COMFREY Symphytum officinale (pic Comfrey growing in my garden before the drought).

Right now Comfrey is springing back from its winter dormancy and drought decimation in places where it has rained and is ready for use by people smart enough to grow it.

Comfrey is famous for its unique ability to aid the body in the speedy and firm uniting of fractures. Research confirms that it stimulates formation of bone cells, connective tissue matrix and collagen precursors and cartilage matrix cells.

The wide ranging actions of Comfrey make it one of the most useful for horses and their humans, especially for its ability to accelerate healing of fractures as well as bone, tendon and ligament damage and to promote cartilage repair in early arthritis and rheumatoid diseases.


One of the best ways to use Comfrey is to select medium age/size leaves to make a green leaf poultice to bring down swellings in legs, as well as a valuable first aid/early treatment for all bone, joint, tendon and ligament injuries.

It’s important to know that any trauma to a joint can be a site for osteo-arthritis later on, so prevention is the way to go.

To make a green leaf poultice crush the leaves in a blender or mash with a mortar and pestle, then spread on a nappy or some gauze roll and bandage on to the affected area. Take the poultice off after a few hours, and apply a new one the following day.

Comfrey is cultivated and grows wild in many countries. Symphytum aspericum (Prickly Comfrey) is a fodder plant in Europe and I recall the British team bringing Comfrey hay to the Olympic Games in Sydney!


To keep the useful properties of Comfrey available, an infused oil is easily made from finely ground dried root and olive oil. Ideally use 15% Comfrey to 85% olive oil in an airtight glass jar, stirring it round occasionally, it will take about a month if kept out of the sunlight but will be ready in a couple of weeks if left in the sunlight. Strain well, into brown glass jars in a cool place out of sunlight and the oil will keep for a couple of years.

My neighbour has a broken foot at present and was pleased to receive a bottle of Comfrey Oil, as she has used it before when she had a badly damaged knee.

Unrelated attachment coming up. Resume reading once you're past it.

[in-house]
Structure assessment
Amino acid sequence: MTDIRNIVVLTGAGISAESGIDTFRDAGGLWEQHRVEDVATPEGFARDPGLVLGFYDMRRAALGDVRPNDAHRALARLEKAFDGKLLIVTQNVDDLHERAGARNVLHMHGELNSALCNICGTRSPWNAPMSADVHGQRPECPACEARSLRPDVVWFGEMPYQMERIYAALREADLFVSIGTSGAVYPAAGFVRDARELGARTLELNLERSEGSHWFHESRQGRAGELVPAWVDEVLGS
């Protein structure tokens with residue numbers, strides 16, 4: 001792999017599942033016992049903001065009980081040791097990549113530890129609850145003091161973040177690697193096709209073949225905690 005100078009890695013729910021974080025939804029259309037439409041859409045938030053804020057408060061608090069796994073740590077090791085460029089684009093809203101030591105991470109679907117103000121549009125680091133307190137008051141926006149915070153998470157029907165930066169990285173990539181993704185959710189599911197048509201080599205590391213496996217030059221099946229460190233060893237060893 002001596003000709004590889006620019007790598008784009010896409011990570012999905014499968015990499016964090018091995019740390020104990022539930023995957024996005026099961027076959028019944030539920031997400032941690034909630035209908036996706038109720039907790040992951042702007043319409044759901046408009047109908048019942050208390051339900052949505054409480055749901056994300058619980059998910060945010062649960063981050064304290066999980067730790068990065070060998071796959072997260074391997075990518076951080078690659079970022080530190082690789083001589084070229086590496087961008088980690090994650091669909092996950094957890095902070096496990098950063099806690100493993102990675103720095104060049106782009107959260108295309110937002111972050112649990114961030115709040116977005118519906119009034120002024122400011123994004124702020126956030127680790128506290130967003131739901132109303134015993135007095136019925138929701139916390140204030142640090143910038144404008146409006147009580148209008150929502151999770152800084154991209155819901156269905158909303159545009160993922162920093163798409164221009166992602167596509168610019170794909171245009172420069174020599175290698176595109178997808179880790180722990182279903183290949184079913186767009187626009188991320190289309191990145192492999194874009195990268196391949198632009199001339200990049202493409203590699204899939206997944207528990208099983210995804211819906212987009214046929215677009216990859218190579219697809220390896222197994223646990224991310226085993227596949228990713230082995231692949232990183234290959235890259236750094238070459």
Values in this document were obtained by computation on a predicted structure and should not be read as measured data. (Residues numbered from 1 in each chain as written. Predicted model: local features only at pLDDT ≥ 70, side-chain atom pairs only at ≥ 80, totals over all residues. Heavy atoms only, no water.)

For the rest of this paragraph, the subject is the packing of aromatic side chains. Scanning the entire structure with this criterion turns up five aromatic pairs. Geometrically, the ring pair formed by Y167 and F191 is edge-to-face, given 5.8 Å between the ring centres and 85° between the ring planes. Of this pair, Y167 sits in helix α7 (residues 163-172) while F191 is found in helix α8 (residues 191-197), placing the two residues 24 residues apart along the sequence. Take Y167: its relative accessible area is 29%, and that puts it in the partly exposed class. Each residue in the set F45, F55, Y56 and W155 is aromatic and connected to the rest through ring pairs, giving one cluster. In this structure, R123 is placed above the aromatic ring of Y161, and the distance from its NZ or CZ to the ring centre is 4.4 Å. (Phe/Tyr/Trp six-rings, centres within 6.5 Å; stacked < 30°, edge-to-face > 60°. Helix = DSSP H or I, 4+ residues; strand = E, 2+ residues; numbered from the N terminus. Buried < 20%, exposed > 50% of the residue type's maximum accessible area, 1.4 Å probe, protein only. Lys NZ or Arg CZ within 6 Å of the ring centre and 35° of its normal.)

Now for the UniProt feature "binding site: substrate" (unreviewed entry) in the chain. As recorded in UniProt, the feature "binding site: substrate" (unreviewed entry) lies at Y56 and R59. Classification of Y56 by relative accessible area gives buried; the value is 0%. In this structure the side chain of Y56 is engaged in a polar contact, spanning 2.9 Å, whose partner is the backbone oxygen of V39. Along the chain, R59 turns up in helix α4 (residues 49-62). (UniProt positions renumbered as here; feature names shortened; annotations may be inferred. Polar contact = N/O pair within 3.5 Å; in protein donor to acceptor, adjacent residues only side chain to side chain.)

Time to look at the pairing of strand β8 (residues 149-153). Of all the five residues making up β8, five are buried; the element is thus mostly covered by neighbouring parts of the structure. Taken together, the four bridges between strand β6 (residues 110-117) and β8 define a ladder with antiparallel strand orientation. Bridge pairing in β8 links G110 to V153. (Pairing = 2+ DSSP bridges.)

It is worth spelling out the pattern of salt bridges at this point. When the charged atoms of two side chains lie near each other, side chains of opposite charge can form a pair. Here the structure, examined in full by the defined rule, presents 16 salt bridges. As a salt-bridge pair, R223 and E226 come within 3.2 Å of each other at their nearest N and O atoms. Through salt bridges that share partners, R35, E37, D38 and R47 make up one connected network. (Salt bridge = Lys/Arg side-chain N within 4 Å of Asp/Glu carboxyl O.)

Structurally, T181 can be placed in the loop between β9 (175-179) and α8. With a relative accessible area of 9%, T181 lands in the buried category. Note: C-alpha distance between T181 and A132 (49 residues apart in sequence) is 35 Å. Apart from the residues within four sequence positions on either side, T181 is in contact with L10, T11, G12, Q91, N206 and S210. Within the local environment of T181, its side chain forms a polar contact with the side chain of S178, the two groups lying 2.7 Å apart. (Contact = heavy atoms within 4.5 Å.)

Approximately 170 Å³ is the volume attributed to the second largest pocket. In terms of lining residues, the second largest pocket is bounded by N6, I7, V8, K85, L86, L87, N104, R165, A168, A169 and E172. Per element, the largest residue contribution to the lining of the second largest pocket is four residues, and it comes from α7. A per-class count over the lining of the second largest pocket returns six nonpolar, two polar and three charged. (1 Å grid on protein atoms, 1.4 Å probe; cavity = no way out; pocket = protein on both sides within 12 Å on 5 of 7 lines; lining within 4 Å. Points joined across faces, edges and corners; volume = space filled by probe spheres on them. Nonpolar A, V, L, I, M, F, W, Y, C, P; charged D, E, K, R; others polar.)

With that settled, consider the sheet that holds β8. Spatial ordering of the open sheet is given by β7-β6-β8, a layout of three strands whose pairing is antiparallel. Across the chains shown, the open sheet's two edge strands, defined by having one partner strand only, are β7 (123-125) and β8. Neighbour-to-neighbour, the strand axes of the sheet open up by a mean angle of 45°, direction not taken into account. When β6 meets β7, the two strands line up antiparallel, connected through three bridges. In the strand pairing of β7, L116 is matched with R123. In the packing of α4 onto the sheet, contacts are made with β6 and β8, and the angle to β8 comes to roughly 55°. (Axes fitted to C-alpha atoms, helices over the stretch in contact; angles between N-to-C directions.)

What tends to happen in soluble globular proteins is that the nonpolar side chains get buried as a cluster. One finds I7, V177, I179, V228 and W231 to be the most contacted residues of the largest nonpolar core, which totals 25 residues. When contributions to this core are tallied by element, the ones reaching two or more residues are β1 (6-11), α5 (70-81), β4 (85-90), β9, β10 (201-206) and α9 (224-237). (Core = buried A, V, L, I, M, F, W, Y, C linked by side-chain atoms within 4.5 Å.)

Comfrey Oil resolves bruising and takes the pain out of laminitic hooves, as well as damaged ligaments and tendons, capped hocks and big knees. Massage well into the coronet band regularly to stimulate healthy hoof growth.

The actions of Comfrey are cell proliferating, anti-arthritic, anti-inflammatory, anti-rheumatic, anti-ulcer, demulcent and vulnerary.

I have heard of horses eating Comfrey plants back to the ground with no ill effects.  Animals know more about healing themselves than we ever will which is clear from these cases.  However, pyrrolizidine alkaloids which can cause liver toxicity are present in Comfrey and this is the reason why this most useful of herbs remains controversial. Their toxicity is highly variable due to the changes in distribution between root and leaf, between and within species as well as individuals of those species. For example, the young shooting leaves are higher than mature leaves, which is why it is advised to use mature leaves.  The really old leaves are often very dry so best to select the medium-sized mature leaves to make a poultice, and you can also dry the leaves to reconstitute with water to use when fresh are not available.

Comfrey should not be used for wound healing until the risk of infection is over, to prevent encapsulation of any infection, especially in a deep wound due to the accelerated healing effected.

Juliette de Bairacli Levy wrote in 1991 “The truly great herb, Comfrey has recently been condemned by scientists following unnatural experiments. Ignore their baneful findings.”

Comfrey is easily grown, shooting from the tiniest piece of the fresh root,  but prefers a shady position, with plenty of moisture,  dies back in winter and cannot tolerate frost.

If you would like professional assistance with healing any horse problems, contact me by phone 0439 800343 or email

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